For ten years, a U.S. embassy operated quietly in Accra, the capital of the West African country of Ghana. The facility's work was discreet because it was run by a criminal network of Ghanaian and Turkish citizens. The embassy wasn't an embassy at all, but it managed to issue authentic, fraudulently obtained visas and other U.S. documents for a decade.
In early November, U.S. officials reported that the fake embassy had finally been shut down.
According to the U.S. Department of State's website , the offices of the “embassy” in Accra occupied a building that flew the American flag outside and received visitors on Monday, Tuesday, and Friday from 7:30 a.m. to noon. Hanging on the wall inside was a photo of President Barack Obama. There were signs posted inside that gave the office every appearance of an authentic embassy.
Rufus Polichinelle wrote  in a humorous tone on Afrique-sur7.fr:
At present, Uncle Sam may find on his land a number of people who entered the country fraudulently. That is, in any case, what has come out of the recent discovery made in Ghana by the US Department of State . A fake US embassy issued counterfeit identify documents (birth certificates) and visas. The hitch is that these were in fact authentic documents and were issued by Turkish forgers for an average price of $6,000. The forgers posed as US consular officials and communicated regularly in English and Dutch. To better fool their visitors, the gang had hung a portrait of Barack Obama  along with an American flag.
On the website Afrikactuelle.com, Olivier Berhuse offered further details :
American authorities were tipped off about the scam after launching a massive anti-fraud operation in the region this summer. Detectives were then recruited, including Ghanaian police inspectors, to dismantle the entire criminal network. During the investigation, which led to a number of arrests, the authorities seized Indian, South-African, and Schengen zone visas. 150 passports from ten different countries were discovered, as well as a laptop and some telephones.
The Department of State has not explained how the gang obtained genuine US visas. It also hasn't specified how many people were able to illegally enter the United States and other countries with visas issued by the gang, which distributed the visas under-the-table in order to operate with impunity.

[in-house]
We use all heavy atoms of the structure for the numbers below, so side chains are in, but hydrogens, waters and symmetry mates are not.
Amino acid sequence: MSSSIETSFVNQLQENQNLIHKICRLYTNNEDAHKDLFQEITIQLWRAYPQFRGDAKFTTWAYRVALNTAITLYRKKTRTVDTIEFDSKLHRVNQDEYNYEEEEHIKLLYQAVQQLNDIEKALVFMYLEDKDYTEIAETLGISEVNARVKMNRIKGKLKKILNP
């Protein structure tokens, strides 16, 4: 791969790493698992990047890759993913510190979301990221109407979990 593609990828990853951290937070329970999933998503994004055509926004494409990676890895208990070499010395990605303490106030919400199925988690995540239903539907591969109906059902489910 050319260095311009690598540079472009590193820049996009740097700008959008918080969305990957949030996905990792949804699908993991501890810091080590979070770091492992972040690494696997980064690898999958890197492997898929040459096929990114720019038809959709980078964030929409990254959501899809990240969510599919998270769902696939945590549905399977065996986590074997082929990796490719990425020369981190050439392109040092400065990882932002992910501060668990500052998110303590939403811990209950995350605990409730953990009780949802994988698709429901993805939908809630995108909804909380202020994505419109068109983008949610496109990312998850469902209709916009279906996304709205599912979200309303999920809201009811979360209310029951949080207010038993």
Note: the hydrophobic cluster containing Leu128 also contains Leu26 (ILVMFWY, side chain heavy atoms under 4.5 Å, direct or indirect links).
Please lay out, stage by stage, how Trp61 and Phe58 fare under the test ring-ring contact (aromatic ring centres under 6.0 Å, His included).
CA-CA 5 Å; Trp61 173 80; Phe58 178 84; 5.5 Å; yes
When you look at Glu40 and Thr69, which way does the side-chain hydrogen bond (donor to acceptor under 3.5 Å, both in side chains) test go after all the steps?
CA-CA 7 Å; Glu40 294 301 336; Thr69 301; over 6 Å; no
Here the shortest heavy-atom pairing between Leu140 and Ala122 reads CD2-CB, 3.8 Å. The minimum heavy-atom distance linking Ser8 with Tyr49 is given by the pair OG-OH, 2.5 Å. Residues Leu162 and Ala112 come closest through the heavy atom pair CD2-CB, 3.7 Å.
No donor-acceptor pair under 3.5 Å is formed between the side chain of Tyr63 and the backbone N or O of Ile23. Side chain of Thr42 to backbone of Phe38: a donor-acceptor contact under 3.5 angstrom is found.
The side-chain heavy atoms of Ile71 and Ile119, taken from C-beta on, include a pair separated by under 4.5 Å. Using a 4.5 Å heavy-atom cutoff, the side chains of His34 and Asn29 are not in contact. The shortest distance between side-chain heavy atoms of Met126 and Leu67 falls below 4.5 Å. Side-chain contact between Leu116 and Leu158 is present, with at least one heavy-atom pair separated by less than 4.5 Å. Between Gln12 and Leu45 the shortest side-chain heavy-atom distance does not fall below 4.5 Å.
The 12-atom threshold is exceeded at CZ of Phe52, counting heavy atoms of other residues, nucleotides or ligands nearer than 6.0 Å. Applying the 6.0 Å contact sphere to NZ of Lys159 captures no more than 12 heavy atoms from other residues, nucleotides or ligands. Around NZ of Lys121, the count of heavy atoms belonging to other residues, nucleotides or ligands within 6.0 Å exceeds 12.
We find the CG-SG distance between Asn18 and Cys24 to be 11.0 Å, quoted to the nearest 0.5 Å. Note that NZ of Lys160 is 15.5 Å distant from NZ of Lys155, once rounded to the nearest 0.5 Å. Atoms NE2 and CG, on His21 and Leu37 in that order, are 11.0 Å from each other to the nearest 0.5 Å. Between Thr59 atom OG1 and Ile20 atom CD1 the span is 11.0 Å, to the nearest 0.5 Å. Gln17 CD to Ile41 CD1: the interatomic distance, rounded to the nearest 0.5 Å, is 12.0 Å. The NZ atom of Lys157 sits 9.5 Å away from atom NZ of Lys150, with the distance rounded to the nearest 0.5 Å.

In Lomé, Mensah wrote  on the website Koaci.com:
According to investigations, the fake embassy made itself known to the public through leaflets and billboards to attract visa applicants from Ghana, Côte d'Ivoire and Togo. Among other services, the forgers provided fraudulently obtained, authentic US visas and false identity documents including birth certificates, bank statements, school records, birth certificates and more, all available for the price of $6,000.
Kouamé L.-Ph. Arnaud KOUAKOU raised  several questions on Burkina24.com:
How did this gang get ahold of real U.S. visas? How many people were able to illegally enter the United States using these documents?
Reportedly, a fake Netherlands embassy was also operating in the Ghanaian capital. On Radio France Internationale's Facebook page, several listeners expressed their opinions. Christophe Diksina Lissidi  of Chad wrote:
If a large number of Ghanaians have used this embassy's services to enter the US, there is likely a cell which has infiltrated its immigration services far and wide.
If this information is correct, Americans are not at all safe. The Chinese are no longer the best counterfeiters out there. What with a fake embassy, fake diplomats, fake passports and who knows what else, Africans have become the kings of the counterfeit.
In the Democratic Republic of the Congo, Junior Decastel-bajack Bangobango said :
It's the biggest scam of all time. How did the US administration get so badly fooled? The ambassador drove a CMD-registered vehicle, diplomats with a CD including the consul, the Counsellor of State, Embassy Secretary, etc. For ten years, they were able to issue real fake visas to Ghanaians? No! The truth needs to come out.
I don't buy this story; I think it's a big, international charade.